A Useful Rejection
Earlier in my career, I submitted a grant proposal to a prestigious program. At the time, I had an interesting research idea bouncing around, so when I saw the deadline approach, I hunkered down for a week of deep work to pull together a submission.
A few months later, while at a workshop, I met the head of the funding program. I told her about my proposal.
“I assume,” she said, “that you had the very best people in your field read it over first.”
I had not.
Soon after this encounter, I received my rejection notification.
Reflecting on this experience, I now notice that in my rush to embrace deep work and purposeful bets I had overlooked a more prosaic piece of the puzzle: learning the rules that govern the area where I was making my play.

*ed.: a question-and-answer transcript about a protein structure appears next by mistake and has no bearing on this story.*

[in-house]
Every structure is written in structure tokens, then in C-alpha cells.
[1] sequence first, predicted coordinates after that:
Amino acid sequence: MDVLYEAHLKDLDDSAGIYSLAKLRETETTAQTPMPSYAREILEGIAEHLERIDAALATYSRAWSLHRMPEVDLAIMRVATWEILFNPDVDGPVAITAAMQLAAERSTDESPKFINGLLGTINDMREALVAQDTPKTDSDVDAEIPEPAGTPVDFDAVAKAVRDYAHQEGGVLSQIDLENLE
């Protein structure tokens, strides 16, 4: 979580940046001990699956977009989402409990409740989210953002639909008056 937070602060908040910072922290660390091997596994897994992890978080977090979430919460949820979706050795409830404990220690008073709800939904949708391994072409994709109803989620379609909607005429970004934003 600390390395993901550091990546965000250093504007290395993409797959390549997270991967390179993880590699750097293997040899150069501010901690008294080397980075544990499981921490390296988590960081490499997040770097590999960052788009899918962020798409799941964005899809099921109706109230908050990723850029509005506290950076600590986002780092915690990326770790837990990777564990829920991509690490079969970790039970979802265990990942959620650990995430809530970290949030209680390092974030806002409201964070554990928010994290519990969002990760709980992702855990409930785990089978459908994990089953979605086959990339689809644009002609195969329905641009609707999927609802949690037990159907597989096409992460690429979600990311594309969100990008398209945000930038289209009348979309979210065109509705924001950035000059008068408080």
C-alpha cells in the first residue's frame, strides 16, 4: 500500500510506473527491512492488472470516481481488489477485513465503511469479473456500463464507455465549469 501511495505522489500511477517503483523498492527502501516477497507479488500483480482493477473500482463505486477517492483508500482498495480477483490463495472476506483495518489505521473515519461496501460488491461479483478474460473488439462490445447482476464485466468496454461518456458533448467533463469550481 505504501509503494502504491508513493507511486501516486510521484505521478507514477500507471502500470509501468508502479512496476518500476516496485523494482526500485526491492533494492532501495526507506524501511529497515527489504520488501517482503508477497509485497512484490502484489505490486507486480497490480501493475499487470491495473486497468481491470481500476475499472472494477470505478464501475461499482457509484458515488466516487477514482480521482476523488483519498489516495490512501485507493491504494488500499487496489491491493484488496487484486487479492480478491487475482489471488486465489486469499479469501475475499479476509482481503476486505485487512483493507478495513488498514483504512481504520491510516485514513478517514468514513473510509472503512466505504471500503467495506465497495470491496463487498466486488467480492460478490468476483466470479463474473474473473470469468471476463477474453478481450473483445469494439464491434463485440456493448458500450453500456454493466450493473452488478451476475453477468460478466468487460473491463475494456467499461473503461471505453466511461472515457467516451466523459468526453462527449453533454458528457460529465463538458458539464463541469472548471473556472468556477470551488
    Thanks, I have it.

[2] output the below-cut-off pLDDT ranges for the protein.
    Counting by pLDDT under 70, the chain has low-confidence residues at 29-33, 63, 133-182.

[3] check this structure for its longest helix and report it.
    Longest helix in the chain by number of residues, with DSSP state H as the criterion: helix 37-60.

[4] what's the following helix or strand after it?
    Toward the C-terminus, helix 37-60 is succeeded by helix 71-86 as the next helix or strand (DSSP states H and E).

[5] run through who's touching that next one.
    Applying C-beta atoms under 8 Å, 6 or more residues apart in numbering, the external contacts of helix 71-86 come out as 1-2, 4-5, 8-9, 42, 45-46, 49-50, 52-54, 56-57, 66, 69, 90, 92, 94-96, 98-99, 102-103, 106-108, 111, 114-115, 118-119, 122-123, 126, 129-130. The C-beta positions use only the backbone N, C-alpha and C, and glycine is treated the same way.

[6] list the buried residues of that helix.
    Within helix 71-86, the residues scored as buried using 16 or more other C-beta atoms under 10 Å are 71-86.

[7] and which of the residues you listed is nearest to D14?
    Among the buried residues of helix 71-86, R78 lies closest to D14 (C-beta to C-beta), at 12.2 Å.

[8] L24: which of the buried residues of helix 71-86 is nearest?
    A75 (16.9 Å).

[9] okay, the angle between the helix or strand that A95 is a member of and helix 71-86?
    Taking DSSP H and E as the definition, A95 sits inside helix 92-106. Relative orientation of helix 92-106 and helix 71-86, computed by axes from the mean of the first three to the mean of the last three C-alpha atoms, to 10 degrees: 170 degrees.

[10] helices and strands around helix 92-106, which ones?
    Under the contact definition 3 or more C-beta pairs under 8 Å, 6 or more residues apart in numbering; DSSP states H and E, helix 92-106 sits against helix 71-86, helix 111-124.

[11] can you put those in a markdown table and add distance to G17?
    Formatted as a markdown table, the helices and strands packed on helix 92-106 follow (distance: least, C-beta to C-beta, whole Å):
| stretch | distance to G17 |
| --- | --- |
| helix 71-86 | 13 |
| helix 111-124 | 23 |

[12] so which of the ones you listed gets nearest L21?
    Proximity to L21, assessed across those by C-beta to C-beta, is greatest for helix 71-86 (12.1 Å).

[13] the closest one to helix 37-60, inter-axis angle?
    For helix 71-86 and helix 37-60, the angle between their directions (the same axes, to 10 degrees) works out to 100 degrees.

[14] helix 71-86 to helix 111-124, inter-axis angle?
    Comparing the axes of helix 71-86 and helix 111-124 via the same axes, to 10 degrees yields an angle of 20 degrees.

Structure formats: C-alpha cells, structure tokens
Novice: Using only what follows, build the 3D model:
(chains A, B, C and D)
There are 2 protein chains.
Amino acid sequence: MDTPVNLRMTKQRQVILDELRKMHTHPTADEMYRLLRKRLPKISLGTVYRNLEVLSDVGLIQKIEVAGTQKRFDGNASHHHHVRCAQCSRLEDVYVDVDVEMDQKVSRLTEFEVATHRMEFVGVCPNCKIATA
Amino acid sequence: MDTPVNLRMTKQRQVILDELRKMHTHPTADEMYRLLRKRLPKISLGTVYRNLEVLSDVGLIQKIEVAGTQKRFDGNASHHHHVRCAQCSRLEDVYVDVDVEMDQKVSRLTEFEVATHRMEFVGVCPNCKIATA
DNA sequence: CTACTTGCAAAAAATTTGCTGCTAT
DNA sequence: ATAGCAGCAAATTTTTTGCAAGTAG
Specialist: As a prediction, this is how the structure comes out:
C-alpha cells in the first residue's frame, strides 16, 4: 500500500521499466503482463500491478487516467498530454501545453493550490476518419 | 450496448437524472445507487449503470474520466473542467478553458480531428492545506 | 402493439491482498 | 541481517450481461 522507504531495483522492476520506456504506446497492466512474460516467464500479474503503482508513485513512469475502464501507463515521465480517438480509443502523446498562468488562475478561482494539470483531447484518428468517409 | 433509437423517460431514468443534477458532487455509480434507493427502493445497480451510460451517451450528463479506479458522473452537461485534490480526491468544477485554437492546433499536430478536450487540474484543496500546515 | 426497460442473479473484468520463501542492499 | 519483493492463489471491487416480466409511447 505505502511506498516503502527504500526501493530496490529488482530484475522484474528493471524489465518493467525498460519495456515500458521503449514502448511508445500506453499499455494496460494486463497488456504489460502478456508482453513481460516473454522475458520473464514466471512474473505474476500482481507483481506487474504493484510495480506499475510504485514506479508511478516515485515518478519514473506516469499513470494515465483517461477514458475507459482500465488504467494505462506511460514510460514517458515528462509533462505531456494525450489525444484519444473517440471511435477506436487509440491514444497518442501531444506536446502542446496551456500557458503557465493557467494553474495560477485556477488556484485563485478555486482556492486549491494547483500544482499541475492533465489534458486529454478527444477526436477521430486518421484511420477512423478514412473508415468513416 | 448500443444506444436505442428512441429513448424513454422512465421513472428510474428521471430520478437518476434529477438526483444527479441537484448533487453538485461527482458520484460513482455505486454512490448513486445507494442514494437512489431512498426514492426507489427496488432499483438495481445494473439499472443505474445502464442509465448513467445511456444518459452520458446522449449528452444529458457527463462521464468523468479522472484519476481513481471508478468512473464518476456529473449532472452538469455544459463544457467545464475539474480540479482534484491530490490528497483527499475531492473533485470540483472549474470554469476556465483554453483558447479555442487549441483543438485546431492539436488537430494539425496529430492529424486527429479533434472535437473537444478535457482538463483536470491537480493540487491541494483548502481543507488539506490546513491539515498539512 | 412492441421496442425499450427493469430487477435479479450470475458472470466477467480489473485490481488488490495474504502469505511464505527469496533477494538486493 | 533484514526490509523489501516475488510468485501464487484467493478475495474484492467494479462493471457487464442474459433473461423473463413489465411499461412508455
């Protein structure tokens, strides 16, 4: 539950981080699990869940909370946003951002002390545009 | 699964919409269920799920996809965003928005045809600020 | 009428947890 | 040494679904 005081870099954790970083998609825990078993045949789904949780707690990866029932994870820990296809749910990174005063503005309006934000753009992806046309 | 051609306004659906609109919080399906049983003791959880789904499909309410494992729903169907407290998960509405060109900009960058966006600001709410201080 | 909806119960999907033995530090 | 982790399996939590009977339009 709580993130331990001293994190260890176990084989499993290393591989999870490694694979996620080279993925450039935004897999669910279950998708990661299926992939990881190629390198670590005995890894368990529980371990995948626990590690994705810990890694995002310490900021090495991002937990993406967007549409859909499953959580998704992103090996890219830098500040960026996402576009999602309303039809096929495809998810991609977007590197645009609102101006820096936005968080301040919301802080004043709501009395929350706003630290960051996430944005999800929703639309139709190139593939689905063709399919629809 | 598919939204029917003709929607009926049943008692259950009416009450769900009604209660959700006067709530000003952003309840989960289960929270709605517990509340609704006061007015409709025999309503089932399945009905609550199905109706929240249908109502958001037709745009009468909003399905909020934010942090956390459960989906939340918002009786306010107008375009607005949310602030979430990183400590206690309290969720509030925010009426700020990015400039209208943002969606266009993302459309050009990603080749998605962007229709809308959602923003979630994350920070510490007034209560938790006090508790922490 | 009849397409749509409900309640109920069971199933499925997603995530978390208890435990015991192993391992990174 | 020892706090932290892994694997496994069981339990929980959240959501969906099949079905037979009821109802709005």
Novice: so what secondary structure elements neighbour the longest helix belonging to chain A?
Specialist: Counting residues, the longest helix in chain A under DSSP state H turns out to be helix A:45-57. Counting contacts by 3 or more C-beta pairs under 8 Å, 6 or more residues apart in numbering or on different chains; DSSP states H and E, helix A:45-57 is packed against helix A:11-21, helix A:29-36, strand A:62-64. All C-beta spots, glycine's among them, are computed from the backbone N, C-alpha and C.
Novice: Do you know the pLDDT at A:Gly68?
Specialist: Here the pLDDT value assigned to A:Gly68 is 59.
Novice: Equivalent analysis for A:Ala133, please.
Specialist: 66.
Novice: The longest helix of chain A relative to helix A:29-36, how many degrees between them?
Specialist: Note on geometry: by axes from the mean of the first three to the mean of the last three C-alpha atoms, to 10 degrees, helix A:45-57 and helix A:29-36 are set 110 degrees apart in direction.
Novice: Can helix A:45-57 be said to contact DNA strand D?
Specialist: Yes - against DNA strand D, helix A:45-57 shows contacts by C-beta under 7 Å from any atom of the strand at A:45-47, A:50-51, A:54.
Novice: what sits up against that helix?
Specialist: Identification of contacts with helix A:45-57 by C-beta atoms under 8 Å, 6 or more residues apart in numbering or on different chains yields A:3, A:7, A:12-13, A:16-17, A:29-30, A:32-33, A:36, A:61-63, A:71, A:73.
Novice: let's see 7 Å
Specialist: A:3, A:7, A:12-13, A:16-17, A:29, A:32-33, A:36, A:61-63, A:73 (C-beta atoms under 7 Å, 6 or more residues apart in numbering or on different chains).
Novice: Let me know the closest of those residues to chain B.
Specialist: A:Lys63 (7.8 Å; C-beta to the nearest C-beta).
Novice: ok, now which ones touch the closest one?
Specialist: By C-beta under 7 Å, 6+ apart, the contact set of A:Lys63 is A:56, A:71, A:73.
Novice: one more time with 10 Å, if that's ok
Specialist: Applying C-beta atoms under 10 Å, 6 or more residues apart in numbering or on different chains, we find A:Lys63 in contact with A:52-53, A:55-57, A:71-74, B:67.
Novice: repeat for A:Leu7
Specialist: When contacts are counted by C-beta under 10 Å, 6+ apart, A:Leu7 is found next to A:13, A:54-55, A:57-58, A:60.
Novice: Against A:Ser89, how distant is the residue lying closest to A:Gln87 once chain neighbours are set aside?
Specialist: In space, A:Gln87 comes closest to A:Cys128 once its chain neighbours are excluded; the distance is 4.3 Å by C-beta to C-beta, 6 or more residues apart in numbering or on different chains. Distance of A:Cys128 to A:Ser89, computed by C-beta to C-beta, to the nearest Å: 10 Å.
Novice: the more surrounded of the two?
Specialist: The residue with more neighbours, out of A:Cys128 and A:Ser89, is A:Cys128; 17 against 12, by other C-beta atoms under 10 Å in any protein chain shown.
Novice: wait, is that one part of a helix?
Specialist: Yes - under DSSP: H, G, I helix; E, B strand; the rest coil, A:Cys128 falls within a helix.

If I had followed the program director’s advice and pumped experts for feedback, I would have learned about what you absolutely need for a fundable proposal. I avoided this step, I think, because some part of me didn’t want these answers. By writing my grant in isolation, I could ensure an optimal experience, where I had to put in focused hours, but never really challenge myself too much.
This was fulfilling. But it was also a recipe for failure.
I was like the amateur runner who spends her training days doing hard (but not too hard) three mile jogs instead of the brutal interval work she really needs to improve.
I don’t think we emphasize enough the importance of evidenced-based metrics. Deep work is important. Making lots of bets is important. But if these efforts are not grounded in the reality of your field — including the hard truths about what you really do need to potentially succeed, not just what you know how to do — they are wasted.